The Indian tycoon who changed cricket
Bollywood stars, flamboyant corporate moguls and million-dollar cricketers.
Lalit Modi couldn't have hoped for a better mix of team owners and players to front the new Indian Premier League he has masterminded.
In just three years Modi has helped turn the Board of Control for Cricket in India into one of the richest sporting organisations in the world, with annual revenue of more than $1 billion.
Next month Modi will launch his pet project, the officially sanctioned Indian Premier League — a tournament so rich that international cricket may never be the same again.
The pre-tournament hype has been a promoter's dream. First, some of the biggest names in Bollywood chipped in to buy teams in the league, then six cricketers fetched more than $1 million to play in the tournament at a player auction.
Modi's influence has been compared with Kerry Packer's World Series Cricket experiment that revolutionised the game in the late 1970s. But there is one crucial difference: Modi is not a rebel. He has the financial might and the monopoly power of India's cricket establishment behind him.
I met Modi in the plush Mumbai offices of Modi Enterprises, the industrial conglomerate owned by his family. Founded in 1933, it has interests in agro-chemicals, tobacco, tea and beverages, education, entertainment and marketing.
So why did Modi decide to add cricket administration to the demands of running a family-owned business empire? "Cricket is what drives this country. It cuts across religion, it cuts across age groups and every facet of our lives here in India," he said. Promoting cricket in India is a good cause that he "finds enriching".
But there is also a hint of revenge in his motivation to get to the top of the Indian cricket establishment. More than a decade ago, Modi tried to launch an officially sanctioned professional cricket league, only to be thwarted by what he describes as "vested interests" in Indian cricket.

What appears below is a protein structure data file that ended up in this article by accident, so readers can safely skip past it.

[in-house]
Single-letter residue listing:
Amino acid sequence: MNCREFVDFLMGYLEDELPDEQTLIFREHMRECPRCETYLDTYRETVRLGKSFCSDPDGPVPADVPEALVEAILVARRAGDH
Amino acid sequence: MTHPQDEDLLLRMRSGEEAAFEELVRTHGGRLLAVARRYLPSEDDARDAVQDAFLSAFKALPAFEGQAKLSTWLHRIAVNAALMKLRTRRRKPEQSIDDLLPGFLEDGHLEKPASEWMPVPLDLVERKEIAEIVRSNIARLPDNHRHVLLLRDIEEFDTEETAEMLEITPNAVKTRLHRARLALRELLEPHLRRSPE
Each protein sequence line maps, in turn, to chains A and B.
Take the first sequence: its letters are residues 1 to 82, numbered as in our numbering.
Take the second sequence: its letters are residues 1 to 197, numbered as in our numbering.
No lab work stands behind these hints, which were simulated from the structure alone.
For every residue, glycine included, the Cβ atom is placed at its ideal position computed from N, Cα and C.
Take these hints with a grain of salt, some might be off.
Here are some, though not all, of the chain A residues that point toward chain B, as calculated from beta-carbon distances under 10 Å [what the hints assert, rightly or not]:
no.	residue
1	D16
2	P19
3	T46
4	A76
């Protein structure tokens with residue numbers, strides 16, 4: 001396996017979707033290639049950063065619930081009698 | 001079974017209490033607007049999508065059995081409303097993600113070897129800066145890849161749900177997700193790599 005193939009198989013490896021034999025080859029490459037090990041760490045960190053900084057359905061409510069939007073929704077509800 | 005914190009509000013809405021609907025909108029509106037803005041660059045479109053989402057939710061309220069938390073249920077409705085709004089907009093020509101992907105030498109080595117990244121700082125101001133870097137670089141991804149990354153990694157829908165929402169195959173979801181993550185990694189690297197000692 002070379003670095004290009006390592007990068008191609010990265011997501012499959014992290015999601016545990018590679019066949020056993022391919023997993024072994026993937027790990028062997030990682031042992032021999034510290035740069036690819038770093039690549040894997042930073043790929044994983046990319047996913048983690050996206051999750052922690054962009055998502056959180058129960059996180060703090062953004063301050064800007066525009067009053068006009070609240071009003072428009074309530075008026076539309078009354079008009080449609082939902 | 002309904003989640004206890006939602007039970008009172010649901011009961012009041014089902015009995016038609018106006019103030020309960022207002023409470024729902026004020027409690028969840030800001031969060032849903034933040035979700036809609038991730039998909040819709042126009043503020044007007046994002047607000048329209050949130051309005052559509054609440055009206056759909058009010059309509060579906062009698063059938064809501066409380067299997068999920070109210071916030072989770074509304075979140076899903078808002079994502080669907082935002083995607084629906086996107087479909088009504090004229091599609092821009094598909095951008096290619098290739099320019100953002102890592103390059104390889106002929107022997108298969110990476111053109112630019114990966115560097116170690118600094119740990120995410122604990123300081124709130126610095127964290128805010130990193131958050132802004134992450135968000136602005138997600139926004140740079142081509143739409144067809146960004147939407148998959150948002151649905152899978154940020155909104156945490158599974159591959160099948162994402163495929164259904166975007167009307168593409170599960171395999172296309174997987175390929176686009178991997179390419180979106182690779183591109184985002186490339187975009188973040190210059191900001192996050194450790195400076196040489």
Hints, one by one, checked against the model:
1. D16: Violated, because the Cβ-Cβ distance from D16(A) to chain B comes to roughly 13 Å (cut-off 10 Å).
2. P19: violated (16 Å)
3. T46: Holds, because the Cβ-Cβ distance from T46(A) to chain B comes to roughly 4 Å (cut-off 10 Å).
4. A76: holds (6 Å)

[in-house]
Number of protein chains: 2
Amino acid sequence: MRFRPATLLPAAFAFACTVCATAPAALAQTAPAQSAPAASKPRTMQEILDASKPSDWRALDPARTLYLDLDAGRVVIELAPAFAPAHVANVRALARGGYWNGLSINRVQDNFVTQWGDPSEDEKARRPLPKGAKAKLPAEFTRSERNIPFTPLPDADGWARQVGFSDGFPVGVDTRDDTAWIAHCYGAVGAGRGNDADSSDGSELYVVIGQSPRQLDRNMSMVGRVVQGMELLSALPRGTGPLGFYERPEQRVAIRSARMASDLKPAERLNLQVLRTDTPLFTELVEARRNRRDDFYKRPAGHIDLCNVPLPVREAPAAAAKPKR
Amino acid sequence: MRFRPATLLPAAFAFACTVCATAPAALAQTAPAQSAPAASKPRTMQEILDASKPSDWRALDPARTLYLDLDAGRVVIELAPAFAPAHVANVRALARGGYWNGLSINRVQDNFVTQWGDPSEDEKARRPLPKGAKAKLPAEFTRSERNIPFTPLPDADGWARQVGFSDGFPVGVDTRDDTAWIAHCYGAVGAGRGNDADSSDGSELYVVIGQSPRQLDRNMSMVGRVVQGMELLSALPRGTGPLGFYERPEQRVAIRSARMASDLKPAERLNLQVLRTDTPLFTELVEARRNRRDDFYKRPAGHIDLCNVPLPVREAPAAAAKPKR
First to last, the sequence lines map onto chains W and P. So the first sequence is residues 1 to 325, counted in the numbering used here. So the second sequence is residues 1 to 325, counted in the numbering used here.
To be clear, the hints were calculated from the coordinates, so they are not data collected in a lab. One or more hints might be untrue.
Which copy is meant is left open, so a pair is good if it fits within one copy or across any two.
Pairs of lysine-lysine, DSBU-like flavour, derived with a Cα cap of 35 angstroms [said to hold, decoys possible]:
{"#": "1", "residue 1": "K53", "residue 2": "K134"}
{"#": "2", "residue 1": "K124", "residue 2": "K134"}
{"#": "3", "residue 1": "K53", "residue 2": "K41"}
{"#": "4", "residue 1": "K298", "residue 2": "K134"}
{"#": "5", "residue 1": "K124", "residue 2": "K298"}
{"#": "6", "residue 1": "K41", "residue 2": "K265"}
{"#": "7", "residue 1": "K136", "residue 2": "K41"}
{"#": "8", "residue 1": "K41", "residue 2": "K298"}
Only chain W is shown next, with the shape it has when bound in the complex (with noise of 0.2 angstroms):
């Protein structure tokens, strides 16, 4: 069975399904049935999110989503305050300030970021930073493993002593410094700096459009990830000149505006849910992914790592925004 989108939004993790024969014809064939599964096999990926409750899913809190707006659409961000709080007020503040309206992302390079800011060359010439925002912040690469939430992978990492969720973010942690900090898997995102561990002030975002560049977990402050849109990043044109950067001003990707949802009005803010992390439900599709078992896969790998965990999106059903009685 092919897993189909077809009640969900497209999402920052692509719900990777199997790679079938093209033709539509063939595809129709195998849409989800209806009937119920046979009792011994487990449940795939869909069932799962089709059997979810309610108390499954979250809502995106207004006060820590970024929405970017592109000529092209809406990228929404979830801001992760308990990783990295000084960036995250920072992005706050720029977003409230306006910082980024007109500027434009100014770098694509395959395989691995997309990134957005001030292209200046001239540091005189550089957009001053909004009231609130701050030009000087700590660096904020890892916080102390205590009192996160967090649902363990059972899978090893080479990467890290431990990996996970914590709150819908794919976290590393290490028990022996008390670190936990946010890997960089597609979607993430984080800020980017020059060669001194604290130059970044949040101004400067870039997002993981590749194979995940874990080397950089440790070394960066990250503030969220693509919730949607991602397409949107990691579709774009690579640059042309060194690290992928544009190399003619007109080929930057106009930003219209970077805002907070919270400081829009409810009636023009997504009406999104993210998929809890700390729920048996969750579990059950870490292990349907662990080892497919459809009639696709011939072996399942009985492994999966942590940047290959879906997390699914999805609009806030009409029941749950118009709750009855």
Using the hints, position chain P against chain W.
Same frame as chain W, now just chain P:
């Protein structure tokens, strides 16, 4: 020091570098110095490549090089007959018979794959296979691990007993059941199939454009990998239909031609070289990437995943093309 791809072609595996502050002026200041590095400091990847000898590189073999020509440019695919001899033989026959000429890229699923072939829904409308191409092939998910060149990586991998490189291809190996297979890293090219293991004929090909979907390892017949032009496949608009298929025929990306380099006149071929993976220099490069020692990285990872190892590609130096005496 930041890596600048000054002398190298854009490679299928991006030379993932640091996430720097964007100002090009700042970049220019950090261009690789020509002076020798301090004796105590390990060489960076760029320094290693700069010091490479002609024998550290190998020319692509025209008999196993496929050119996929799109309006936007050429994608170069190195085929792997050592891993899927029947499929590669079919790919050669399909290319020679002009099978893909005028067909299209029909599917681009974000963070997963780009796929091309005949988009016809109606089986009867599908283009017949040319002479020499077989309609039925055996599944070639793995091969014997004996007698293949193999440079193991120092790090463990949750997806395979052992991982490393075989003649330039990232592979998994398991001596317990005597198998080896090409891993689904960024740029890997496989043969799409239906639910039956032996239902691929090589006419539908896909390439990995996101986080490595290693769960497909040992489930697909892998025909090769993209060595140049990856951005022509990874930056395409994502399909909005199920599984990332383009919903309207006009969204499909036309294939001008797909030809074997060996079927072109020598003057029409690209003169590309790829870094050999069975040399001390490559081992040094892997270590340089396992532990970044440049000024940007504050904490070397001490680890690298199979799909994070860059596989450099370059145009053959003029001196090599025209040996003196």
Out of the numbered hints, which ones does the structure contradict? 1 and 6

"We were burnt very badly by the powers that were," he said. "It became an ambition of mine to go out and clean it up."
It took Modi 10 years to break into the crusty world of Indian cricket administration. He finally succeeded by concealing his true identity to join the Rajasthan Cricket Association. He makes no excuse for this deception.
"It was a very close-knit club and they just wouldn't allow you to get in," he said. "I just used my first name and my middle name — not my last name — and that gave me the entry."
With the help of the Rajasthan chief minister — the equivalent of an Australian state premier — Modi eventually became president of the Rajasthan Cricket Association, a position that gave him a seat on the national board.
In 2005, Modi figured in a power struggle that resulted in Sharad Pawar, an influential politician and national cabinet minister, ousting former Indian cricket supremo and ICC chief Jagmohan Dalmiya in BCCI elections.
But even then, Modi's bid for membership of India's main cricket body hit a snag. The outgoing board appointed a committee to investigate drug charges against Modi when he was a student at a US university in 1985. Modi claims the allegations were dragged up to unfairly discredit him.
"When I was in college I was in a fraternity and the fraternity was charged with a conspiracy to buy drugs — there were no drugs," he said. "What I may have done in my past, when I was in my teens, is not something that I am today. The court system has looked into this and found nothing in it."
Cricket insiders say Modi was viewed as a brash upstart when he became one of the youngest men to be vice-president of the BCCI, but he has been in the forefront of the Indian board's commercial activities since.
Modi says the financial strength of the BCCI vindicates his long fight to get involved. The deals he negotiated for Indian sports channels before joining the BCCI taught him that the rights to televise cricket in India were being sold to middle men on the cheap.
"In the past, what the broadcasters made and what the middle men made was far more than what the board made. We've redressed that balance," he said.
Modi was listed among India's 30 most powerful people by India Today magazine this week. He was included because the BCCI's revenues have increased seven-fold since he joined the board in 2005 and because "no one in cricket wants to be on his wrong side".